ITS THE YEAR OF 2011
HI SCOTT I SENT TWO E_MAILS. WE SOME TIMES GO TO THE CO-OP ITS THE YEAR 2O11 I CAN COUNT TO TEN.
THIS IS HOW I COUNT TO TEN 12345678910 AND THATS HOW I COUNT TO TEN.
I LOVE SENDING E-MAILS AND I LOVE LOVE LOVE GOING TO THE CO-OP BEY
He likes to keep track of how many emails he's sent and the year. I like discovering things about him, such as his love of the Co-op. I don't even remember him going to the Co-op (it's in Bozeman) but maybe H took them.
HOW MANY $ DID MY LEGO ZOO COST? HOW MANY $ DID MY PETTING ZOO COST?
I WENT TO SWIM LESSONS YESTERDAY.
WHAT DOES NINE ELEPHANTS MAKE?
I LIKE PLAYING GAMES WITH YOU
WE WENT TO THE RODEO IN WILSALL
WE WENT TO THE PARADE IN WILSALL
I GAVE DADDDY A KISS.
DADDY GAVE ME A KISS AND A HUG. I GAVE DADDY A BIG HUG.
Which makes me wonder, what does nine elephants make?
Here's another he wrote to H when we were in California:
I LOVE YOU
UM YESTERDAY WE WENT TO THE FARM AND HAD LOTS AND LOTS OF FUN.
we played in the school bus and we played in the woodin train. and we played in the fire truck. mmmmmmmnnnnnnnaaaaffffffccccc
Another to Henry:
I miss you henry. I love you. We're at grandma's house and we were at escondido. THERES STILL MORE DAYS TO GO
AND yesterday We . ate lunch with .grandpa and nana i anders
ate noodles with marinera.
I love that he wrote, "I, Anders, ate noodles with marinera."
I don't know why these crack me up so much, but they do. He's so sweet, earnest and hilarious--exactly what I want in a kid.
Before I had kids, I hiked up Suce Creek about once a week. It's just 20 minutes from our house, I seldom see anyone there, a nice hill at the end gets my heart rate up and the carcasses are usually close enough to the trail that I can find Rigby and drag him out. What more could a woman want?
I don't get there as much as I used to--midweek hikes are a thing of the past--but we still hit the Suce Creek Trail from time to time. I hiked very slowly through the snow the day before Anders was born and it was one of the first trails I carried his newborn-self on.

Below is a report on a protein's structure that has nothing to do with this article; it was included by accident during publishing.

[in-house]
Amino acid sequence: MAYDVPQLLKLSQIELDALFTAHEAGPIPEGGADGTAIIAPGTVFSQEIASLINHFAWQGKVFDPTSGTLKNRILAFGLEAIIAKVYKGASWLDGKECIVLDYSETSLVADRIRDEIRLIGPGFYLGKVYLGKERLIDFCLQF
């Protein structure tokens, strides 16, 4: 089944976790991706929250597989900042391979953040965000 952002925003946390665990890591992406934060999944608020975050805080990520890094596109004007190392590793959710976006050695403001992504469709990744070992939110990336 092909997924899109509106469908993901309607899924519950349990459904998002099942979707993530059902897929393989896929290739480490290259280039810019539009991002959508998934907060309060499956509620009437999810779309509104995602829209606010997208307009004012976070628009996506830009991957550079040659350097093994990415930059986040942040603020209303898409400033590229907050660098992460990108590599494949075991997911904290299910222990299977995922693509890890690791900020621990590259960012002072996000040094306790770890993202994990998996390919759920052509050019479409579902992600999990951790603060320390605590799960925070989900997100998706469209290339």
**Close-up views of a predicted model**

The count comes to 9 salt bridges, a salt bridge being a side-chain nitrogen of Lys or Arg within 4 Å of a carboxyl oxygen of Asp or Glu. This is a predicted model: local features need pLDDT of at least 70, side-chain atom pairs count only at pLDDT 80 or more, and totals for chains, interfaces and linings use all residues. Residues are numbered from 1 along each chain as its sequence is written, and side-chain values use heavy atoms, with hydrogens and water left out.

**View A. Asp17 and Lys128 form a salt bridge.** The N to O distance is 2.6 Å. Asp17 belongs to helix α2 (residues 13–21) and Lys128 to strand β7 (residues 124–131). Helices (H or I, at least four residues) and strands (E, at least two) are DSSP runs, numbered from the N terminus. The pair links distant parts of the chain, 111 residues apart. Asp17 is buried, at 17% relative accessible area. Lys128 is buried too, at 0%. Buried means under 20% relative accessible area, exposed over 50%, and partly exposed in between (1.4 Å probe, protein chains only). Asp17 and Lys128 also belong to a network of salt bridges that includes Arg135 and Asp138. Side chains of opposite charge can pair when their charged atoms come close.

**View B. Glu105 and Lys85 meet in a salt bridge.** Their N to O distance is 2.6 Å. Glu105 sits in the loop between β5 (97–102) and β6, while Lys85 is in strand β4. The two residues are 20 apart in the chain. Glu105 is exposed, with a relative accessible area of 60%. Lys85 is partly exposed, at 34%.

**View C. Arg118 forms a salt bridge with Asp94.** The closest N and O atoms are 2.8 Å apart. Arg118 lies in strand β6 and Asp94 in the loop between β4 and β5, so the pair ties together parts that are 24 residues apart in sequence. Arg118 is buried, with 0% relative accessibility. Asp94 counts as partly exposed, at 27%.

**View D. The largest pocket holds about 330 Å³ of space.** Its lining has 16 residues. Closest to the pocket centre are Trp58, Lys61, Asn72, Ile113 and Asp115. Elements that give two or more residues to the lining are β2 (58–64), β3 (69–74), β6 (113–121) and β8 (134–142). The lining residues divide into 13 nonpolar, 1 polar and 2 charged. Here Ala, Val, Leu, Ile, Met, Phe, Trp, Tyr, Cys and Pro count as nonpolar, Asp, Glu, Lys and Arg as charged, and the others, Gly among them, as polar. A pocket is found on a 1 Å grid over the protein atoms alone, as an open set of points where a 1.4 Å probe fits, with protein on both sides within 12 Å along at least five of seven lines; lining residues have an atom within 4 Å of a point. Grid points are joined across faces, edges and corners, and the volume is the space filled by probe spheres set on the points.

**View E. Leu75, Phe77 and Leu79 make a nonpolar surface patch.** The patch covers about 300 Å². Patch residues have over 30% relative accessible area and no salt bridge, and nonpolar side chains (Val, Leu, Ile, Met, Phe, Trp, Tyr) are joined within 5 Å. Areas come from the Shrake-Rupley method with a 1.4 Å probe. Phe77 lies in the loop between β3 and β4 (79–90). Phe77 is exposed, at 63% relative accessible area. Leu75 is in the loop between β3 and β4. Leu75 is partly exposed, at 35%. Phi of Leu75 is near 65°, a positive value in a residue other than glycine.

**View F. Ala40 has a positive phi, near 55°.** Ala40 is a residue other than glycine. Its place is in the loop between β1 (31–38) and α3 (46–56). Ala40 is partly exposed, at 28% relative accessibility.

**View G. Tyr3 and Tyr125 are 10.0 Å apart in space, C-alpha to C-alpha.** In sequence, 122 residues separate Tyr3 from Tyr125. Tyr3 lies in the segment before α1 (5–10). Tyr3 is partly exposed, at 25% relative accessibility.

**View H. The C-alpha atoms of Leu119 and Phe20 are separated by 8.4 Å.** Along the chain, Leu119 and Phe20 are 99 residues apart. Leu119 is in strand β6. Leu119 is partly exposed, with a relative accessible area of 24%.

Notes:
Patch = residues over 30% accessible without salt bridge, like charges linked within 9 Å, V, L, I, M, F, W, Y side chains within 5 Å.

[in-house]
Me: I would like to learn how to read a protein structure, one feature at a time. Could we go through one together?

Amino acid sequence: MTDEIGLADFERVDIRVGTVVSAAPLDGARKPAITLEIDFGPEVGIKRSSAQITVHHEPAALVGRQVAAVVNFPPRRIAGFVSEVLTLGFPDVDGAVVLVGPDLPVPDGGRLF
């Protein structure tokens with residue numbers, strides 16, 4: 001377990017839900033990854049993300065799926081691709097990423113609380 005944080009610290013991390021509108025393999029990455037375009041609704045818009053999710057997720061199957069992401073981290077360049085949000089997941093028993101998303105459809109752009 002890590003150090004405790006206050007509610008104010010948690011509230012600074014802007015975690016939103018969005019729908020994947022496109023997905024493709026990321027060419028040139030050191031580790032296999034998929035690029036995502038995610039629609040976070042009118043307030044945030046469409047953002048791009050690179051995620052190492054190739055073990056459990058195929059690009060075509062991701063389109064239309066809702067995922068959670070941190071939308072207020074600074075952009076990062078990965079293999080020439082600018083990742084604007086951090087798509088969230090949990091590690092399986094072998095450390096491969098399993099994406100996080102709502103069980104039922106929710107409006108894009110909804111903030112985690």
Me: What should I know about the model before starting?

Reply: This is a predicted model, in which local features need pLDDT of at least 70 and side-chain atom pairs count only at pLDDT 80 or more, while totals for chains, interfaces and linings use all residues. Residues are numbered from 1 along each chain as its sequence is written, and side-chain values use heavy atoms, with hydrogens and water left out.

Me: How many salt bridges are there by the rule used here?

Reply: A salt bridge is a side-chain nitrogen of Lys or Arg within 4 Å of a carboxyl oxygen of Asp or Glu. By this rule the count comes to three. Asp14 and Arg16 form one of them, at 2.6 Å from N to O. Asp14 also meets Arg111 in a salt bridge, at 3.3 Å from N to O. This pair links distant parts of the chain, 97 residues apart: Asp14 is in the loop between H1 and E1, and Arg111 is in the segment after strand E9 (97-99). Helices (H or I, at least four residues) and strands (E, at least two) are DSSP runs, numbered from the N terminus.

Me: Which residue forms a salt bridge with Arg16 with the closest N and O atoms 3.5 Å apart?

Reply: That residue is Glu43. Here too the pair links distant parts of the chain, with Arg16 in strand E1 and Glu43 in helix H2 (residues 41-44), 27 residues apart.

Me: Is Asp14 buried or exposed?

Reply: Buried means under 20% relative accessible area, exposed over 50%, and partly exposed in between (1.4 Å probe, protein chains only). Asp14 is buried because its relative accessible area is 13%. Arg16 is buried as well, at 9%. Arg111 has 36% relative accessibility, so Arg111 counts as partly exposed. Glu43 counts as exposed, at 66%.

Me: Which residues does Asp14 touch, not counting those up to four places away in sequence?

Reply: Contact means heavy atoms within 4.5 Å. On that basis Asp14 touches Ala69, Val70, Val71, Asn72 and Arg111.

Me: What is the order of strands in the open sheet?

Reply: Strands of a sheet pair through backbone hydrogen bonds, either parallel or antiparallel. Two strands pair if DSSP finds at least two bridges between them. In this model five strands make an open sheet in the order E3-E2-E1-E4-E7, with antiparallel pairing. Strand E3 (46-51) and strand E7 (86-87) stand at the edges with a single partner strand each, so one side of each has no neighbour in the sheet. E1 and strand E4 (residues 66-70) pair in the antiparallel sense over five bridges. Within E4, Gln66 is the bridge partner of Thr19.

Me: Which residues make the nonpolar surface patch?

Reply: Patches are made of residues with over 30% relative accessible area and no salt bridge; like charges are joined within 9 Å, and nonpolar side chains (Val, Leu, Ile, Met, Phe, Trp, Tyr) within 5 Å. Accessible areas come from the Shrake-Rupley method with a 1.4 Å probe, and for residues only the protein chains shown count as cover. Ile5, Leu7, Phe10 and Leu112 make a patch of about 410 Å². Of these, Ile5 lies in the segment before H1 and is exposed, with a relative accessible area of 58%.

These days, Anders is hiking like a boy who was almost born on a trail. Finn walks a bit, with much "encouragement," then enjoys riding on my back and telling me he thinks we should go home. Here's our conversation:
Finn: I don't want to hike.
Mel: You aren't hiking. I'm carrying you, so you can just enjoy the view.
F: I don't want you and Anders to hike.
M: Well, this is what we are doing today. When we get home, you can pick what we do.
F: I am hungry some more. I need a snack break.
Anders wasn't that into hiking until last November when something suddenly
snapped clicked in his brain. I'm hoping the same thing happens to Finn when he's 3.5 years old.
Suce Creek was roaring. In my six years of regular visits, I've never seen so much water there. Part of the trail was washed out, forcing us to bushwhack through young woods. Then the second bridge was gone, so I had to shuttle the boys across one at a time. It was crazy cold and the crossing was not helped by the loving shoves of a certain black lab.
When we regained the trail upstream from our crossing, we found it underwater. Anders and I hiked through the stream for awhile until it finally left the trail. We were glad to be hiking in water shoes. It was a pretty fun adventure, and though we didn't make the six miles Anders was hoping for, we did have a lot of fun.
It poured rain on the way back, but we hardly noticed since we were already wet from the knees down. We're tough like that.
Oh yes, there are photos from other Suce Creek trips:
Memorial Day 2009: Anders had long hair and we made it to the ridge we were hoping for this time.
A trail description and directions in case you want to go.